Almost 80 per cent of the world’s major cities will experience drastic changes as a result of global warming, according to a new report entitled Cities of the future: visualising climate change to inspire action. The findings suggest that in 30 years, London will have the same climate as Barcelona’s current climate and by 2050, Stockholm will feel more akin to present-day Budapest while Spanish cities like Madrid will have climates similar to Marrakech today. The full analysis was published on 10 July in the journal PLOS One (1).
The authors write that under a business as usual scenario, the Earth is likely to exceed 1.5 degrees Celcius of above pre-industrial levels by 2100. In European cities, temperatures are forecast to increase by as much as 3.5 degrees Celsius in summer and 4.7 degrees in winter. And by 2050, the costs associated with climate change will exceed $12 billion (around €10.5 billion).
Despite increased awareness of the problem, evidence suggests that facts and data do not always lead to action. And this is often because the data is not presented in a way that people can fully understand. So, the researchers at EHH Zurich set out to close the so-called ‘consensus gap’ between scientific knowledge and public opinion by creating a visualisation of the imminent threat of climate change with the hope of stimulating a unified action across all sectors of society — and to properly convey the urgency.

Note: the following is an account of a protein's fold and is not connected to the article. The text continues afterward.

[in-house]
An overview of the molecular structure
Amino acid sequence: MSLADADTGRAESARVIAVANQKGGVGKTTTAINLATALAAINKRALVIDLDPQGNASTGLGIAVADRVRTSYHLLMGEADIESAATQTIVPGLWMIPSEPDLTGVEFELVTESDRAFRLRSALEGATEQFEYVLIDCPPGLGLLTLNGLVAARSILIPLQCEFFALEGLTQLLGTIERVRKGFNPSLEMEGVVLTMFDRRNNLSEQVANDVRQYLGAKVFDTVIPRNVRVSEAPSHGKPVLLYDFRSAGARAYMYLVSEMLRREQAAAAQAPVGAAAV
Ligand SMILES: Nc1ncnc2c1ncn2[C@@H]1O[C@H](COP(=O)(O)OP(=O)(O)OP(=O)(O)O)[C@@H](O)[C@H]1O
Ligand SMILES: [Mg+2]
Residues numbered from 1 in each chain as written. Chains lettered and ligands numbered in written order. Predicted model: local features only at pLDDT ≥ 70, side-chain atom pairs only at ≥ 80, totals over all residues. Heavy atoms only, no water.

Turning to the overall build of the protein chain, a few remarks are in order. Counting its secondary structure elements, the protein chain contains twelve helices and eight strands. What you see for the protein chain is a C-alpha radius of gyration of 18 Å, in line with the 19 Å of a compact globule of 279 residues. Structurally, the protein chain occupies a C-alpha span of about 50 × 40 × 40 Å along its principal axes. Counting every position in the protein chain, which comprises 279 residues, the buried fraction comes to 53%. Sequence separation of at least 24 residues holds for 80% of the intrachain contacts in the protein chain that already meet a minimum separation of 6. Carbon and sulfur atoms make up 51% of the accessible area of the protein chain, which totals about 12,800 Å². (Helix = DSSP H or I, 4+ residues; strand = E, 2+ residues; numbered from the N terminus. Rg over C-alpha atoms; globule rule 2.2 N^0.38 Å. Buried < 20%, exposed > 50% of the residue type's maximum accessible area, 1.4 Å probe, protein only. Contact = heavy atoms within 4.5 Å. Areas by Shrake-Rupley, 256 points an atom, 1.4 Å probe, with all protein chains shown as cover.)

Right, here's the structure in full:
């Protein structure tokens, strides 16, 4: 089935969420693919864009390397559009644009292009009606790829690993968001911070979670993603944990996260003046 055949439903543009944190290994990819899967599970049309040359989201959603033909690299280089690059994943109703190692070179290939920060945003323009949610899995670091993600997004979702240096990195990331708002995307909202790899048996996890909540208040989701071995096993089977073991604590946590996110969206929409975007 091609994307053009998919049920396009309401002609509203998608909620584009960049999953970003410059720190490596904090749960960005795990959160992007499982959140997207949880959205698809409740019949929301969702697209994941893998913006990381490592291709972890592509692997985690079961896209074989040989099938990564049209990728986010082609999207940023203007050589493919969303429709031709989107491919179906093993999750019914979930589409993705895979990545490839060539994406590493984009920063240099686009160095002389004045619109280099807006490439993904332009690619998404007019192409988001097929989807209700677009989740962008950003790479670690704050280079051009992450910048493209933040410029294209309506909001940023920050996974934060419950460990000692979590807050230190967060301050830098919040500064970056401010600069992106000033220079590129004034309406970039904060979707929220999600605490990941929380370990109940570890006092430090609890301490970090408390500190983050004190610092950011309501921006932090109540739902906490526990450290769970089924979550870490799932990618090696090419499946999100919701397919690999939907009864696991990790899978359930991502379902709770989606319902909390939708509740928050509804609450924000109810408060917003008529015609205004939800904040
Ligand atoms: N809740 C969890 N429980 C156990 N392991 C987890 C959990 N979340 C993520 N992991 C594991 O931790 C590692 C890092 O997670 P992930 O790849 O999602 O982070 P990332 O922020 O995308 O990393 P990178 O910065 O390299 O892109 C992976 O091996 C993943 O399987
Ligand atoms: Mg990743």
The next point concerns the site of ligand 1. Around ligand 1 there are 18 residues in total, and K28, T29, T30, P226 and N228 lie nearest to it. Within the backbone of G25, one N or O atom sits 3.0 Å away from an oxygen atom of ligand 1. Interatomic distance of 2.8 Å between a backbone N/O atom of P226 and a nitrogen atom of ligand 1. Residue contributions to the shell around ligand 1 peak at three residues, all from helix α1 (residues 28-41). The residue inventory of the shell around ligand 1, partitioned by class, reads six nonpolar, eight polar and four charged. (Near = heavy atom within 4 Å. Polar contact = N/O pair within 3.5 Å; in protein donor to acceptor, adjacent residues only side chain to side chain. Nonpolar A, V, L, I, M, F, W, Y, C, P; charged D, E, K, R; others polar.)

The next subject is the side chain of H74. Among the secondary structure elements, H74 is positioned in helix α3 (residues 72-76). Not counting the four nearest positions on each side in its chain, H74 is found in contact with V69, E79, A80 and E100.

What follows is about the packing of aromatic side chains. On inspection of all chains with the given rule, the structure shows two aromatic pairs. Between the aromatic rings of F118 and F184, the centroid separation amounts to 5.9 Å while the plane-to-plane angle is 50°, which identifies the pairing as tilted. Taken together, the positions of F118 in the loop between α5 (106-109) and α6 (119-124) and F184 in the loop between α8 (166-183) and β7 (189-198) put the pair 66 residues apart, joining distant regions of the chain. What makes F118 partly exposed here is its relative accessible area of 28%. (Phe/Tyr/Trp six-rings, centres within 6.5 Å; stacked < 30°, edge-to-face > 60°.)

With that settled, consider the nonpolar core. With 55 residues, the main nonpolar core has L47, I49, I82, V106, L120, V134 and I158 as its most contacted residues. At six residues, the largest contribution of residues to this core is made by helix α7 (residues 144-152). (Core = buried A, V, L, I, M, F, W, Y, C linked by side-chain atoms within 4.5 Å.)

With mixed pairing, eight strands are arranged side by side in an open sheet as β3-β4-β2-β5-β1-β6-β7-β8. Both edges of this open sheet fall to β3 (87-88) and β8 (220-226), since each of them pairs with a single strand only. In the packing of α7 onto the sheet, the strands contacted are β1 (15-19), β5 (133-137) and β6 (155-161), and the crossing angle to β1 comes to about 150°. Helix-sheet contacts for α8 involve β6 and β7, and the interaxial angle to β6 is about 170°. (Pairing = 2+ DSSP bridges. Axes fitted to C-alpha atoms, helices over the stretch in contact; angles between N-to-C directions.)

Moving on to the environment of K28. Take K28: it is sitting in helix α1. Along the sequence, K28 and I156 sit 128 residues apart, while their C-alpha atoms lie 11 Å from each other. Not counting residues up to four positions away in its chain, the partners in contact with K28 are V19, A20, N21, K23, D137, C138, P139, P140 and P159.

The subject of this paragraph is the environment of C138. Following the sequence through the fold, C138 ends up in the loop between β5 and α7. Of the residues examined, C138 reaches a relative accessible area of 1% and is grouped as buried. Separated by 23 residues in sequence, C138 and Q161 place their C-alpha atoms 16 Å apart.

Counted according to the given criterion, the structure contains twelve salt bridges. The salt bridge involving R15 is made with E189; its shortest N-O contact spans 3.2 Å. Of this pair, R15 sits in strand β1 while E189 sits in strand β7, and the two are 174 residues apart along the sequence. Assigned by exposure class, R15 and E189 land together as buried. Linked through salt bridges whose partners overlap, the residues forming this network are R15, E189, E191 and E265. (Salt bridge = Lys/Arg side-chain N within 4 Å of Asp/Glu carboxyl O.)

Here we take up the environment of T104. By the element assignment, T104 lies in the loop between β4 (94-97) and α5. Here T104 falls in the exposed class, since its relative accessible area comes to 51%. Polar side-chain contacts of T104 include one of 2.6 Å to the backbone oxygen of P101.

To understand global warming and to come up with better ways to address climate change and biodiversity loss, the team of multidisciplinary researchers gathered together at the Crowther lab to create a new report. The information contained in the report is not entirely new, however, the data is now visualised in a way that everyone can understand and relate to, as an interactive map showing 520 major cities and their 2050 counterparts. The findings are based on the forecasts of Intergovernmental Panel on Climate Change (IPCC) predicting a temperature rise of 2 degrees Celcius above pre-industrial levels by 2050 — although, many consider the forecast optimistic.
Cities in the Northern Hemisphere will start to resemble those closer to the equator, more than 1000 km away. And while the prospect of warmer weather may seem enticing to those currently living in colder climates, the changes will come with severely damaging effects on health, infrastructure, food security, as well as economies. Most frightening, perhaps, is that one-fifth of global cities — including Jakarta, Singapore, and Kuala Lumpur — will experience conditions never before seen in any major cities in the world. So, it remains uncertain how and whether these cities will be able to adapt.
Prof Tom Crowther, the founder of the Crowther Lab, told the Guardian, “These are environmental conditions that are not experienced anywhere on the planet at the moment.” Of the report, he says the results “blew my mind” and could mean “new political challenges, new infrastructure challenges, that we have not faced before.
Crowther also adds, “We are absolutely not prepared for this. Planning for climate change needs to start yesterday. The sooner it starts, the less the impact will be.” Indeed, many experts are increasingly concerned about society’s “lack of preparedness”.
(1) Bastin, J-F. et al. Understanding climate change from a global analysis of city analogues. PLOS One (2019). DOI: 10.1371/journal.pone.0217592